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Can a meteorite be non magnetic and not sound hot to a GP Extreme?

Just askin cause I found a weird fist sized dark brown rock (sunbaker) in NV that was unlike anything I've ever seen up there. It was roundish and looked like it had a crust. I filed off part of of the crust and it was greenish inside.

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I've picked up so many rocks over the years it isn't funny. I used to collect the odd ones and then annually dump them out at my camp at Rich Hill. I'm sure some people have seen them and wondered how they got there. Then I quit collecting them. I brought this particular rock back to my camp in NV and pitched it there because I had heard that the meteorites found up there were magnetic. Obviously, not all meteorites are the same so I'll fetch it next time I get up there and post a couple photos.

I was hoping for an answer like "Yes, it could be a not hot and non magnetic meteorite if _____________________________ ."(fill in the blank)

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I was hoping for an answer like "Yes, it could be a not hot and non magnetic meteorite if _____________________________ ."(fill in the blank)

Yes, it could be a not hot and non magnetic meteorite if it has fusion crust. Any number of achondrites will match your criteria. You are more likely to be struck by lighting during a shark attack than find an achondrite, however.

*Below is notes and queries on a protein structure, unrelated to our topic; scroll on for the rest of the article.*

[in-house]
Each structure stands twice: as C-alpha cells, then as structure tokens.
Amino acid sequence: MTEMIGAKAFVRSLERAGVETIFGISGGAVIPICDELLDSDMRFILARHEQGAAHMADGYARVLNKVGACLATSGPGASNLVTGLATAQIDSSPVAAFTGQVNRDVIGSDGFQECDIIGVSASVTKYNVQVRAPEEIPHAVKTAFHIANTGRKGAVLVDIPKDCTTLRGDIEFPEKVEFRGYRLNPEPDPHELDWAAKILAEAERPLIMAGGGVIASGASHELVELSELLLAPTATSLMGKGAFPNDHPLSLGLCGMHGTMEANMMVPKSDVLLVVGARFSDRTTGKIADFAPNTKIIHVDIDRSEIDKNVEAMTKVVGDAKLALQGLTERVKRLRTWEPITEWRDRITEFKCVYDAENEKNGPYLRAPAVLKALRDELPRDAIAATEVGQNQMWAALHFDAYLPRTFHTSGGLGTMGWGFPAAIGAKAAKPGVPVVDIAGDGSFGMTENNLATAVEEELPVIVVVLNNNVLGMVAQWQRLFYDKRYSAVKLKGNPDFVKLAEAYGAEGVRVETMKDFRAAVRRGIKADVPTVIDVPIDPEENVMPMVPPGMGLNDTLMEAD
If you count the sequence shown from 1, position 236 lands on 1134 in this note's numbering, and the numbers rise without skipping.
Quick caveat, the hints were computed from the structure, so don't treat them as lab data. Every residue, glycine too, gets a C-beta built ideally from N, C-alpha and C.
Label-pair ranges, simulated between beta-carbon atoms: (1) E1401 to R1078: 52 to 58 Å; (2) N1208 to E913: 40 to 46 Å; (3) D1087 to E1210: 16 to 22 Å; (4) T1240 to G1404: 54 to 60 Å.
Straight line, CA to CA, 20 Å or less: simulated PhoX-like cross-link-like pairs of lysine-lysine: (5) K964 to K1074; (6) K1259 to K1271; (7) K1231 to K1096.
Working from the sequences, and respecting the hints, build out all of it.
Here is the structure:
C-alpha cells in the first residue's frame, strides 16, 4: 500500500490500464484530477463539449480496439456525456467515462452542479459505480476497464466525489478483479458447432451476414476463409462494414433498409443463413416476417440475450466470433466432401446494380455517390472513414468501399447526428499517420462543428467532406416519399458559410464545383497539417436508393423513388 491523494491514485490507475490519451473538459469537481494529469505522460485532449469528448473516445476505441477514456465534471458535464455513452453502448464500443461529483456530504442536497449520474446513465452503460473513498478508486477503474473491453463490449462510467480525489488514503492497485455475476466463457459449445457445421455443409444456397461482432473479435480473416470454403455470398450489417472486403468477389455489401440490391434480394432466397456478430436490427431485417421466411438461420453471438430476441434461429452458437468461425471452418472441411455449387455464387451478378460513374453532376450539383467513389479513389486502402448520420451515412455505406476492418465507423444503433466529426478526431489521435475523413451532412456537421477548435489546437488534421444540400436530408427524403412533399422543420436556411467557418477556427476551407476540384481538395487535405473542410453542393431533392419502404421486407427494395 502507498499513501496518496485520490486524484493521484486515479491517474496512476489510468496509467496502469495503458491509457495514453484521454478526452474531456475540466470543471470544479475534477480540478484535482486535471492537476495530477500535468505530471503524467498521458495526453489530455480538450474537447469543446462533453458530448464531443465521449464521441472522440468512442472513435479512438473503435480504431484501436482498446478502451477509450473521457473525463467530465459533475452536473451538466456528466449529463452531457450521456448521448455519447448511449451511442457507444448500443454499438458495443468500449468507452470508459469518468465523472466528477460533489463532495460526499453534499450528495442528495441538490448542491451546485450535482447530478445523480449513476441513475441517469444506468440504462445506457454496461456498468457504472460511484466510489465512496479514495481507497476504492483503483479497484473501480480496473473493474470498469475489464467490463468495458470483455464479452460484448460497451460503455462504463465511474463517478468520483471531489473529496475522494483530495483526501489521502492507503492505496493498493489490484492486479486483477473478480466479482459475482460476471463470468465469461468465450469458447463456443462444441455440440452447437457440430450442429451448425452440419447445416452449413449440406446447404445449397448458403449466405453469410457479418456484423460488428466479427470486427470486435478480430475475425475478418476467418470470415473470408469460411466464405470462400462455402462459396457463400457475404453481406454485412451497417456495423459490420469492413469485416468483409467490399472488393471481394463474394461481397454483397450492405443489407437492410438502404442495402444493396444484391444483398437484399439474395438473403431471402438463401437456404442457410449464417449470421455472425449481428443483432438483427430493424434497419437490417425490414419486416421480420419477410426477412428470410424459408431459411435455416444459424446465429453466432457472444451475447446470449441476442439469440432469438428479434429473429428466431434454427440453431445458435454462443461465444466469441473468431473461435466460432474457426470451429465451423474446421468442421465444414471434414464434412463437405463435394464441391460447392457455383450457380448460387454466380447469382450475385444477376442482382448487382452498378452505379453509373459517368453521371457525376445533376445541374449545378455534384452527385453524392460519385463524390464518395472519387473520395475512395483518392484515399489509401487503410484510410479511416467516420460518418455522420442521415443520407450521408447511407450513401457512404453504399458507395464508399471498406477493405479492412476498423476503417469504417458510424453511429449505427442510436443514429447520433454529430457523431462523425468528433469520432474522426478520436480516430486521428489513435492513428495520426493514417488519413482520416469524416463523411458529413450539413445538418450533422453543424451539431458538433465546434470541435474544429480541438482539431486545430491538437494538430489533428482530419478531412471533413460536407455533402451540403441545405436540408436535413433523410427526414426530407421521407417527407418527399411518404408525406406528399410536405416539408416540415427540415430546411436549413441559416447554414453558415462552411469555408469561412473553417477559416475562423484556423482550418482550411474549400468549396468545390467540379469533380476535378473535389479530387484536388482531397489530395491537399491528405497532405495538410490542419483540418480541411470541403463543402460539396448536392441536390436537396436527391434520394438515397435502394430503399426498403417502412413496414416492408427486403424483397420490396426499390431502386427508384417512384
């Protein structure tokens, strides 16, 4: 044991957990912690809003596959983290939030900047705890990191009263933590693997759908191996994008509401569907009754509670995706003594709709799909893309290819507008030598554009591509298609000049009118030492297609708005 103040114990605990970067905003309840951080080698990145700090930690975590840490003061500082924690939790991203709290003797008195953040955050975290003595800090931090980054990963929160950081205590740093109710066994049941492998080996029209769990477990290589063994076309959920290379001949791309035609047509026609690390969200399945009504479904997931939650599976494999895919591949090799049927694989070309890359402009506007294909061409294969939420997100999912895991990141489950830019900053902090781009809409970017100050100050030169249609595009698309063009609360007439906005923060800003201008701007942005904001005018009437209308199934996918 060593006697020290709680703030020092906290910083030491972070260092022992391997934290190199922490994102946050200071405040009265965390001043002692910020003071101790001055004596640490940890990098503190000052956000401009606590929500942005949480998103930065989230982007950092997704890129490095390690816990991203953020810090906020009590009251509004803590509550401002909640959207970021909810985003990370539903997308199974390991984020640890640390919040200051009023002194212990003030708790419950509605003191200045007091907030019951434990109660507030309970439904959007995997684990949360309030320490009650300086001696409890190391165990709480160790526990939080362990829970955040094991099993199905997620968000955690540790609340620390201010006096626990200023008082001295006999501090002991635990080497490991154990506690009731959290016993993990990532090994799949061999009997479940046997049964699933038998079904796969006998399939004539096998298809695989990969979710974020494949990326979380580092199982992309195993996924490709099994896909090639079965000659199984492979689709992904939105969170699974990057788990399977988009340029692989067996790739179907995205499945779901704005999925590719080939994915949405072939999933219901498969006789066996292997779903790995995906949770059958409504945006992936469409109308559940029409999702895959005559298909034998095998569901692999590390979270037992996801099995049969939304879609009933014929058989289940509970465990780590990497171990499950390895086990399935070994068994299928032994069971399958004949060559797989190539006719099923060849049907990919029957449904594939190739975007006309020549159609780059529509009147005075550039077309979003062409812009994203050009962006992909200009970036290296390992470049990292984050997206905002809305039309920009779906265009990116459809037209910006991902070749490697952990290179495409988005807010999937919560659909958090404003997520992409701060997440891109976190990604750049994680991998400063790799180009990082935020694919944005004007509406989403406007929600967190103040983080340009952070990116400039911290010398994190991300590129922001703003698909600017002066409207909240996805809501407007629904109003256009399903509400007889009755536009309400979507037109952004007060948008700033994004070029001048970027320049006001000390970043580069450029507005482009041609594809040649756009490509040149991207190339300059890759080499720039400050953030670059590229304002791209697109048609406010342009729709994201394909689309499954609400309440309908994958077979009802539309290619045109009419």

Besides the overwhelming odds, another problem is most folk don't recognize fusion crust, or mistake rock features/colors for fusion crust. It takes many years of handling multitudes of meteorites before you can really get the hang of it.

Edited by Mikestang
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  • 5 months later...

OK, I fetched this rock that I tossed last fall. It looks like a meteorite but isn't hot or magnetic. The reason I picked it up was because it didn't match any of the surrounding rocks.

Here are some photos. Any thoughts?

post-740-0-77074400-1396970272_thumb.jpg

post-740-0-53933800-1396970285_thumb.jpg

post-740-0-78508800-1396970302_thumb.jpg

post-740-0-22549600-1396970315_thumb.jpg

post-740-0-46426200-1396970334_thumb.jpg

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Yes Stone Meteorites don't have to have any Metal in them. Stone Meteorites are just Rock from some place that got blasted away from some place. That looks like Basalt and Field Spar to me.

Edited by homefire
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Yes Stone Meteorites don't have to have any Metal in them. Stone Meteorites are just Rock from some place that got blasted away from some place. That looks like Basalt and Field Spar to me.

We have a winner!

From GEOLOGY OF THE EUGENE MOUNTAINS at http://www.nbmg.unr.edu/dox/m115text.pdf

"Black, dense, vesicular to amygdaloidal olivine-bearing basalt.

Columnar joints are found locally. Microphenocrysts of olivine
and clinopyroxene in a hyalopilitic groundmass. Microlites of
plagioclase feldspar display pilotaxitic texture. Amygdules are
composed of chalcedony. Basalt flows in the Eugene Mountains
are interbedded with silicic ash-flow tuffs (Tsv). The tops of
basalt flows underlying Tsv are brick red and hematitic.
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Doesn't look like a meteorite to me.

Homefire, stone meteorites can be upwards of 20% metal (Fe/Ni).

Yes but they don't have to have any. Moon Rocks have little to non.

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